On March 13th, a ceremony will mark the start of more than a year of construction to overhaul and expand the Seattle Asian Art Museum in Volunteer Park. The construction fences are already up. Neighbors and park lovers with questions about how the construction will impact the public space and surrounding neighborhood met with officials Thursday night.
Ahead of the official groundbreaking ceremony, representatives for the SAAM renovation project invited the community to Miller Community Center Thursday night for a construction presentation. Superintendents from the construction company BN Builders presented their build-out plan alongside the museum’s chief operating officer and a Volunteer Park projects manager.
The Seattle-based company BN Builders’s winning construction bid of $31.9 million includes conservation of park trees, subterranean wiring and new walking paths. Lingering questions about the project took the meeting over schedule by almost an hour. Continue reading
As work begins on the $54 million overhaul and expansion of the Seattle Asian Art Museum, officials will hold a community meeting March 1st to discuss the coming “14–15 months” of construction:
In January, the Seattle City Council made its final approvals of legislation that put the museum on track for a fall 2019 reopening.
The $54 million SAAM project has been designed to expand the 1933-built museum more than 13,000 square feet by extending the backside of the building 3,600 square feet into the park. The museum will add more display space to represent South Asia and India as well as fix infrastructure issues including a climate control system and seismic upgrades while making the museum ADA accessible. Last February, officials put the museum project back in motion after a brief pause. That month, visitors also said goodbye to SAAM before the planned two-year closure.
By Alize Asplund, UW News Lab/Special to CHS
The Seattle City Council unanimously approved Monday two pieces of legislation that open the way for a $54 million overhaul and a new 55-year lease for the Seattle Asian Art Museum in Capitol Hill’s Volunteer Park after years of community meetings and negotiations.
“A lot of what is driving this project is the need to serve audiences that want to participate and the project will allow us with a new education space to serve broader and bigger audiences,” Seattle Art Museum director Kimerly Rorschach said prior to a council committee vote on the plans last week.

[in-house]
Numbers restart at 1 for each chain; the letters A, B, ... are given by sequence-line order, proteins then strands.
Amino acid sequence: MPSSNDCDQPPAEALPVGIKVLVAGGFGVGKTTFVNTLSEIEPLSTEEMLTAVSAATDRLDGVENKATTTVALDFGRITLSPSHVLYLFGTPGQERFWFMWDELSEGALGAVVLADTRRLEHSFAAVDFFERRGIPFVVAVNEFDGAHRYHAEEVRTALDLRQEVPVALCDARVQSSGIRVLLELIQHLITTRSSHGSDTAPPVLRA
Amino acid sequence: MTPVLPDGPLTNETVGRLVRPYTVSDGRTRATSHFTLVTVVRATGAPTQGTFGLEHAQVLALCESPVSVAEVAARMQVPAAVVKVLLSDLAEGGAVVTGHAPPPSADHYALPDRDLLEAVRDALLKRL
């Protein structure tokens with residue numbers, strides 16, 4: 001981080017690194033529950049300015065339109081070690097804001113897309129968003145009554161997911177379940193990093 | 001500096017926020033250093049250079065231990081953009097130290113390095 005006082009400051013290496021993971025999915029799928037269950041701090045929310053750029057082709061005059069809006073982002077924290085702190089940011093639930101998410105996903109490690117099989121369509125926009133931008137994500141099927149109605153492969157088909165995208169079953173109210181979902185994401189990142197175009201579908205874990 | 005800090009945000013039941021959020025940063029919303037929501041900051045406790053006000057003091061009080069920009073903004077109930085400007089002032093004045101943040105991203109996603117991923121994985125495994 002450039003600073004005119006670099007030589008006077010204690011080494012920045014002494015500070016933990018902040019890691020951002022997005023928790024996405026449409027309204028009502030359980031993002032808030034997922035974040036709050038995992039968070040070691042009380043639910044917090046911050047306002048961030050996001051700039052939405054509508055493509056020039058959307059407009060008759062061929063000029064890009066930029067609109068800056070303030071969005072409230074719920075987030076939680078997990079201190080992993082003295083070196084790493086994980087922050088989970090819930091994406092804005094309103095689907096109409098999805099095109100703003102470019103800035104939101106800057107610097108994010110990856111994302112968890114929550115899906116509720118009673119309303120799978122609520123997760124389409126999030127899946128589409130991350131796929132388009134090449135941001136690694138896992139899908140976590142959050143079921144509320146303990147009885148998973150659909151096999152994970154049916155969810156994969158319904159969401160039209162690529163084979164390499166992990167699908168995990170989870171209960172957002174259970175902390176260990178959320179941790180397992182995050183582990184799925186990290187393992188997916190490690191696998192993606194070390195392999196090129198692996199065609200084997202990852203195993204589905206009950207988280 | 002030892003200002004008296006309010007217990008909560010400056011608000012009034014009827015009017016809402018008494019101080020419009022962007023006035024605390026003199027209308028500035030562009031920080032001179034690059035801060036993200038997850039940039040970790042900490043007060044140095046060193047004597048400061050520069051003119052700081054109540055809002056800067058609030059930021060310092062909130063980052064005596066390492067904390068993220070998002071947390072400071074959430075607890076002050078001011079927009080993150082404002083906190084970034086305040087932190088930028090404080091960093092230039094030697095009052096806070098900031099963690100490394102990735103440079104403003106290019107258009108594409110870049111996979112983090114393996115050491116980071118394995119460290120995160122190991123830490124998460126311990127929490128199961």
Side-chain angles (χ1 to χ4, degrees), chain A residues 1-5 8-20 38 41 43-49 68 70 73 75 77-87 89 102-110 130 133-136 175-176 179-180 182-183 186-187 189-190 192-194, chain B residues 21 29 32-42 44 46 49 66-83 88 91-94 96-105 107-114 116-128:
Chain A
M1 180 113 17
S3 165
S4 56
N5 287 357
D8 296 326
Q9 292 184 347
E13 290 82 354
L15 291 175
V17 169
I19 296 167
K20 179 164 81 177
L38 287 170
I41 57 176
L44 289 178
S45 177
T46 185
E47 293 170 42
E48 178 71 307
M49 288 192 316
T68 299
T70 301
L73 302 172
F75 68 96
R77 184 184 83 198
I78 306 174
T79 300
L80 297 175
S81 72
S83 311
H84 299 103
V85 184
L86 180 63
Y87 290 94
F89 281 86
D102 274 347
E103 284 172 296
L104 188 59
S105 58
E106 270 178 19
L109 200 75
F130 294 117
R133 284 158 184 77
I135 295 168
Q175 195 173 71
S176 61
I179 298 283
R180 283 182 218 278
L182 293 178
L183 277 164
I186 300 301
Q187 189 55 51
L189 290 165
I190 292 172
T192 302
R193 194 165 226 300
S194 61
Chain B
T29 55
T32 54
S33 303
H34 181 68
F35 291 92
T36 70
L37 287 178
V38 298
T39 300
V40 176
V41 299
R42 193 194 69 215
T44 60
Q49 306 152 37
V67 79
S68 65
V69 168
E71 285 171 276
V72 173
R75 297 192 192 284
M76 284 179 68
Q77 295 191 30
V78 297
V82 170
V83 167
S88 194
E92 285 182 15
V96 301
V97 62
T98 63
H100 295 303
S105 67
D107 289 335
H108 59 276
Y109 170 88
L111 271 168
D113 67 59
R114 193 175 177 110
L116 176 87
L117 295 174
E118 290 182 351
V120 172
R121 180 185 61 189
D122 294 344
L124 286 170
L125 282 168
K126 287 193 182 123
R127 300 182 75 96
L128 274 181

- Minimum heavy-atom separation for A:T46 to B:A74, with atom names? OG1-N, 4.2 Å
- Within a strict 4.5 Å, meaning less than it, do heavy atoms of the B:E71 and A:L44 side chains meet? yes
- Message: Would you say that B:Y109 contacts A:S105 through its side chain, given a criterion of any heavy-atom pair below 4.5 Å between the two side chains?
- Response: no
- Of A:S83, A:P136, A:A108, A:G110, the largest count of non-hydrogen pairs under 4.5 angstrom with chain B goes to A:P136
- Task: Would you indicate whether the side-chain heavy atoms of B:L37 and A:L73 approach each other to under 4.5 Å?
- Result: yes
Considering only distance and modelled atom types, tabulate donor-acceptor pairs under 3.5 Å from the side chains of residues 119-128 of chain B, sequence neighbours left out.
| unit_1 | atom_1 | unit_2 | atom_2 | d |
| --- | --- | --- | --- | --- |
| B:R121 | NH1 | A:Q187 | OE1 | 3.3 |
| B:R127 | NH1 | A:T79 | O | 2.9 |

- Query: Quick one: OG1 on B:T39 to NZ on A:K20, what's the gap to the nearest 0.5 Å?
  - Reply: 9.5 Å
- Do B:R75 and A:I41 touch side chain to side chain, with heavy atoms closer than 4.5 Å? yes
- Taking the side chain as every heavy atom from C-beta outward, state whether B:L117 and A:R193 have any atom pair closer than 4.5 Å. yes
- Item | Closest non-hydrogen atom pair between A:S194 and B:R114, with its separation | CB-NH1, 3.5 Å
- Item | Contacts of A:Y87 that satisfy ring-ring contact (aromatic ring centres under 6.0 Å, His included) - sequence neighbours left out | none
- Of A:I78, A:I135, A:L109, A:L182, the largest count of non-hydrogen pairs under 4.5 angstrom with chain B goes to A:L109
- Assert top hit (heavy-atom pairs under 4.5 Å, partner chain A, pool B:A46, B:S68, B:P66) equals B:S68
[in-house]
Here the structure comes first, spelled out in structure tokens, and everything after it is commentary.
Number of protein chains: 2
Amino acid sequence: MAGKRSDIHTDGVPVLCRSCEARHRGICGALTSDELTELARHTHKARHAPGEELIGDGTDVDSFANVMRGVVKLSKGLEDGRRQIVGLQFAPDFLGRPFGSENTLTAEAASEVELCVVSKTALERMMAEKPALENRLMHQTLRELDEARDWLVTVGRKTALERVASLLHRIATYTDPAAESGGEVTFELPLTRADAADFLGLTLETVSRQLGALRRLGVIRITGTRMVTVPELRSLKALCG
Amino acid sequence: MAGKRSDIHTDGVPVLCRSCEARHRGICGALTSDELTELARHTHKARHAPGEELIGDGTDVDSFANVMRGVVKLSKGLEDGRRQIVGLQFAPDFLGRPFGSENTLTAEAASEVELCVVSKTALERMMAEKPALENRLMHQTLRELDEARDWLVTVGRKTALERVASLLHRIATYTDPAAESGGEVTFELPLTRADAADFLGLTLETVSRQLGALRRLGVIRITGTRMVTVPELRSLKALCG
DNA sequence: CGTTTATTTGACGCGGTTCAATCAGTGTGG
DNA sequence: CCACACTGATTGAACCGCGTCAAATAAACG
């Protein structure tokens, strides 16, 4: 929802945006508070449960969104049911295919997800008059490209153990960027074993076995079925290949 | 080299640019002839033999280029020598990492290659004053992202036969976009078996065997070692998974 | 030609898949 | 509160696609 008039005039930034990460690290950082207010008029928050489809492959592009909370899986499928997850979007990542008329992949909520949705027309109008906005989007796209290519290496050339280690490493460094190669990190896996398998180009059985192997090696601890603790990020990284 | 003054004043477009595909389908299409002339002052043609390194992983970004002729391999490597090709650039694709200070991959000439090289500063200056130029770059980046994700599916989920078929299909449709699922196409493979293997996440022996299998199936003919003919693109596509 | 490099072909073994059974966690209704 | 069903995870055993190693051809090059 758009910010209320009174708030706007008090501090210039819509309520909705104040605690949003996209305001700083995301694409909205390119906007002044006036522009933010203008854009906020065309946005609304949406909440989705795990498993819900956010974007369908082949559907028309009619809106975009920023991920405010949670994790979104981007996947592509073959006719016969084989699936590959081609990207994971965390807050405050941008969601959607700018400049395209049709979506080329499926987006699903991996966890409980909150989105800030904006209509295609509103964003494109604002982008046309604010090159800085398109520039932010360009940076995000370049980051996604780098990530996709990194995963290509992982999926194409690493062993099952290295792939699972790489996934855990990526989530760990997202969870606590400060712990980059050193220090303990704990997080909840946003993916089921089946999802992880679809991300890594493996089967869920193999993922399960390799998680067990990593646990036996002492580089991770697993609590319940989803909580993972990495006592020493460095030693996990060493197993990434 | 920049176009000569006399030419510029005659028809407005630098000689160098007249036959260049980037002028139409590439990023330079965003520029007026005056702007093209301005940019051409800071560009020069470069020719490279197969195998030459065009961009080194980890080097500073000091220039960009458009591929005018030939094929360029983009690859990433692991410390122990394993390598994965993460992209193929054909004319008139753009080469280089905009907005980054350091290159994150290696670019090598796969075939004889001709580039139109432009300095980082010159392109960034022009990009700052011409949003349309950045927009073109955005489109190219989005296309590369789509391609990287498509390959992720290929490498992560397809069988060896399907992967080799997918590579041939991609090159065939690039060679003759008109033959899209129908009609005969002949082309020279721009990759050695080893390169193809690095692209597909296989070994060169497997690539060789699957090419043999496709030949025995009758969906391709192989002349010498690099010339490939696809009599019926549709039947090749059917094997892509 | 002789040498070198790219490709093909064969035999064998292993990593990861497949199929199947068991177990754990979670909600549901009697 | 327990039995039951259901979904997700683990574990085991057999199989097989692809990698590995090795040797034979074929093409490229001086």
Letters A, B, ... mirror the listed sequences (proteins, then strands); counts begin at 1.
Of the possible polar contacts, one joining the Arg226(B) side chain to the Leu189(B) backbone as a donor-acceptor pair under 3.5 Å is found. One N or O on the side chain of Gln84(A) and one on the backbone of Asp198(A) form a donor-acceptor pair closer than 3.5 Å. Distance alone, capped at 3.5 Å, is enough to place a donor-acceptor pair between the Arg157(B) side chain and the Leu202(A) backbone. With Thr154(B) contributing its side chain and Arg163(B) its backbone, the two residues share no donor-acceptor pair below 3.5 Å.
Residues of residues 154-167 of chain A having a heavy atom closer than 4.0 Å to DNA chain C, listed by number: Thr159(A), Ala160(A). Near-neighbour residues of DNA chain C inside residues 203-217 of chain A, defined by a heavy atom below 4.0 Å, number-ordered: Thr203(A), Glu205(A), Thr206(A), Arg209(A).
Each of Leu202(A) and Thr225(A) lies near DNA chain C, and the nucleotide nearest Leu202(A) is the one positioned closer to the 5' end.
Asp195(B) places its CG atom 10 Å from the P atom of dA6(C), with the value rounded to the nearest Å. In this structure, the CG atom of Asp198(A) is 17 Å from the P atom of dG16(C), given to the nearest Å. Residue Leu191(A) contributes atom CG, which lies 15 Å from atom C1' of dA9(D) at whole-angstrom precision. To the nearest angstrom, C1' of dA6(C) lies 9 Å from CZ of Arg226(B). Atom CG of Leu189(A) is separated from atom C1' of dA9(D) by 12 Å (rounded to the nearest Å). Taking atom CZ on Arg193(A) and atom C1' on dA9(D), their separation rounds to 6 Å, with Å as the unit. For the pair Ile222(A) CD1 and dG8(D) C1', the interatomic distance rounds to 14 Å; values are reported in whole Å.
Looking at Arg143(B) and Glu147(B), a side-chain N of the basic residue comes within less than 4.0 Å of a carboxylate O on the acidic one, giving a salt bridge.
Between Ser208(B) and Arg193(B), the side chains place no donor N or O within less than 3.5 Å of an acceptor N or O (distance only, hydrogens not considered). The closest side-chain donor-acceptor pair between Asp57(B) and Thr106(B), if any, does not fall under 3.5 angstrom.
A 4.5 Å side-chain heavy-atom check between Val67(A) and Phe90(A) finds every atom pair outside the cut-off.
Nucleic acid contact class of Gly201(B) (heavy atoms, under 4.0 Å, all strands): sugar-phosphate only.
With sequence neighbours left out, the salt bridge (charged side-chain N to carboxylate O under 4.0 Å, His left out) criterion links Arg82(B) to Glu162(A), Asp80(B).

Construction on the $54 million project is set to begin as early as February with the overhauled facility projected to open in October 2019, when it will be open to the public 40 hours per week for 50 weeks out of the year under the new deal. Continue reading
Up against an end of year deadline, the Seattle City Council committee overseeing legislation required before the start of construction on the expansion of Volunteer Park’s Seattle Asian Art Museum made a “ratify and confirm” decision on a 55-year lease for the continued operation of the cultural center. The council’s parks committee is now ready to get around to the confirm part of the business.
Friday afternoon, the Civic Development, Public Assets, and Native Communities Committee will hear public comment on the final two pieces of legislation in the SAAM expansion process. One bill, when approved, will alter city code to allow expansion of a “non conforming” museum inside a city park. It’s a custom patch written specifically for the SAAM expansion that will also limit any future expansion. Continue reading
CHS caught up with Aurea Astro and Raider at the Holiday in the Park event at Volunteer Park. Raider is a pit bull/lab mix who is about seven. Raider is usually never without her ball but lost it on the way to the park that night. Aurea and Raider were united on Christmas Eve two years ago and so far “it has worked out” for the both of them. If you find Raider’s ball, let us know.
We ask photographer Alex Garland to follow marchers in the rain and do crazy things like trying to make yet another picture of yet another huge apartment building look interesting. We thought we’d ask him to do something a little more fun. Capitol Hill Pets is a semi-regular look at our furry, fuzzy, feathered, and finned friends found out and about on Capitol Hill.